by George Pelecanos
Iraq vet Spero Lucas, living in DC, makes money doing jobs for a defense attorney. He also runs a side business recovering stolen property. When a weed dealer asks him to recover some stolen packages worth a hundred grand each, Lucas gets on the case. Two dead hustlers later, Lucas realizes that this case involves dirty cops and some bad guys willing to murder to keep the money flowing, and they know who he is. Relying on his training, some vet buddies, and a deep-seated, barely-formulated rage at injustice, Lucas makes sure someone pays, and he gets his cut.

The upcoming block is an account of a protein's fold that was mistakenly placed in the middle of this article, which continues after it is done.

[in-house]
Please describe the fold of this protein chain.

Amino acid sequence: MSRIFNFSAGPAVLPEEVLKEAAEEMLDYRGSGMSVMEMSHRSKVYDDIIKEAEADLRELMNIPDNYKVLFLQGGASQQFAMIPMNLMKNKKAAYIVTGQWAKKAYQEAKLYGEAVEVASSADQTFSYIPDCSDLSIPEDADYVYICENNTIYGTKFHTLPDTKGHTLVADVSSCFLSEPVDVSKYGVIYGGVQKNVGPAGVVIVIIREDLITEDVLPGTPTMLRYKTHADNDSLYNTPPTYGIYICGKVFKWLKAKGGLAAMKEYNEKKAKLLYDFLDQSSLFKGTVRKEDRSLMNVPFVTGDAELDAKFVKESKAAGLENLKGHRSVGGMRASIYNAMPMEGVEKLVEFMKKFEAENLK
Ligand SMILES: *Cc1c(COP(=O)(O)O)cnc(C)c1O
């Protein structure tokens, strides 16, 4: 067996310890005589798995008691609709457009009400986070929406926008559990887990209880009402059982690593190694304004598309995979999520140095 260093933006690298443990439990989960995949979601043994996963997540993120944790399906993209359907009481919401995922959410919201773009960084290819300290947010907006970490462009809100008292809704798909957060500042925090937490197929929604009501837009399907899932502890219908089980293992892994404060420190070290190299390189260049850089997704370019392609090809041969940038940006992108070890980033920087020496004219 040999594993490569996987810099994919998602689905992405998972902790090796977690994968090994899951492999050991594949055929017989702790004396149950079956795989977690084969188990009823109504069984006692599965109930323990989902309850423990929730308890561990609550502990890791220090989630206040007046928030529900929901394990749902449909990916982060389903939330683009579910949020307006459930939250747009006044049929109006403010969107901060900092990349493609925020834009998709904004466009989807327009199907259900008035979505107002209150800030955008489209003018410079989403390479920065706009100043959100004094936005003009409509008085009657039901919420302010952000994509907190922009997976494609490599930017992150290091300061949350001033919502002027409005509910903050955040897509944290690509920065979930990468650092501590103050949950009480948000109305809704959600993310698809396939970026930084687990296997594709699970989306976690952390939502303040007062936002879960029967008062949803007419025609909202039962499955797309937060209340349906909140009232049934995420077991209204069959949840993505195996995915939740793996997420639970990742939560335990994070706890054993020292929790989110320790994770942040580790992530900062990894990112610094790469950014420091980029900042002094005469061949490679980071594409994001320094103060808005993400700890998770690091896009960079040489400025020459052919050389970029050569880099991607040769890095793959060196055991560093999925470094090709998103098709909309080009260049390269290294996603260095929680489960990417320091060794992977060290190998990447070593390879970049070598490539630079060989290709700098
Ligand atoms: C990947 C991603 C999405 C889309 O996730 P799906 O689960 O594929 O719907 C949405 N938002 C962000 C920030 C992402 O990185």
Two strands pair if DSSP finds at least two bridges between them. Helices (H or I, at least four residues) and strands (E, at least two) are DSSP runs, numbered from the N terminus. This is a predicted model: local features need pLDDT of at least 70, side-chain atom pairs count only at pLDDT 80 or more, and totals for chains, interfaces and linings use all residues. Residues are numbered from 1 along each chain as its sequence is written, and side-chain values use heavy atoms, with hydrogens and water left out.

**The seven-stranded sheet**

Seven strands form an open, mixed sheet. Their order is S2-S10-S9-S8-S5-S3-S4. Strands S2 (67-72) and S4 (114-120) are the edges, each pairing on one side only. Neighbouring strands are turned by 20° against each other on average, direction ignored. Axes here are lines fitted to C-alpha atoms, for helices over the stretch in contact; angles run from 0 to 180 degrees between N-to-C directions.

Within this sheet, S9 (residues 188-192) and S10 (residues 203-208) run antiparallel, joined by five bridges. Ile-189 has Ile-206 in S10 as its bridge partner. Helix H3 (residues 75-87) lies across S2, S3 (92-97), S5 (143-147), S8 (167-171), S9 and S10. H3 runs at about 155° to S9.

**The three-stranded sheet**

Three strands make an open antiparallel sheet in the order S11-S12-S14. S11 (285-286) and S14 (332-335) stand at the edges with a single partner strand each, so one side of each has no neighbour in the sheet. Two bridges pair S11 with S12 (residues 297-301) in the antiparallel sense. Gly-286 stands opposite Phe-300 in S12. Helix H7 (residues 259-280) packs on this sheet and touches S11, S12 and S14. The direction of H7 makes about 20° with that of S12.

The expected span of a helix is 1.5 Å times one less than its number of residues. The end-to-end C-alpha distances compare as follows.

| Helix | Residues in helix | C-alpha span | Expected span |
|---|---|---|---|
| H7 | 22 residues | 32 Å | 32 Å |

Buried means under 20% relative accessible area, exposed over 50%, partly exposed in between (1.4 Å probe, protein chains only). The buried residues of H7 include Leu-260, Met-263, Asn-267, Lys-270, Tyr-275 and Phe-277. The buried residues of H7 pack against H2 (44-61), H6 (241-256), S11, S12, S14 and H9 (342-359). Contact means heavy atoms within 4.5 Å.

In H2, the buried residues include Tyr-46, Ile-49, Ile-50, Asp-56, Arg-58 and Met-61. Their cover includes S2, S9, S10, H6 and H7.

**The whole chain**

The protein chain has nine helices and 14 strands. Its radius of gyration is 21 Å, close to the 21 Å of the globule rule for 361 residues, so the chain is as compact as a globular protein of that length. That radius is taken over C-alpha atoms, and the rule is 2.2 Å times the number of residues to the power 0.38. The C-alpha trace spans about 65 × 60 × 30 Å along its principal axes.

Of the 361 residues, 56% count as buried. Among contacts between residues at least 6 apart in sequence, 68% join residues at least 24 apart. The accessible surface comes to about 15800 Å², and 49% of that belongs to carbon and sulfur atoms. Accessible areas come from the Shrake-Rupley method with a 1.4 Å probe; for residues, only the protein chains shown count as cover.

This was a terrific, suspenseful page-turner. Pelecanos is a writer on the ultra-realistic street series “The Wire” and “Treme,” and there’s a lot of street cred in these pages. Pelecanos doesn’t shy away from race issues, and he knows the gritty details of seemingly everything: every street in DC and all the little details of street life, from ammunition to the clothes kids covet, and music, from the Stones to the Hold Steady down to some very obscure bands. I made a rather smarmy remark about Christianity precluding gritty realism when I reviewed the appallingly bad Midnight Rambler, but Pelecanos makes his anti-hero Lucas a man of quiet faith, if loose morals, raised in the Greek Orthodox church, so… that showed me, I guess. I did find one scene in the book, in which Lucas is attacked with a knife (instead of a gun) by a professional killer who has absolutely no reason to give Lucas this chance to win, to be a jarring misstep compared to the rest, in which Pelecanos plays the danger straight. And the endings, that is, the separate resolutions of three or four loose ends, are supremely satisfying.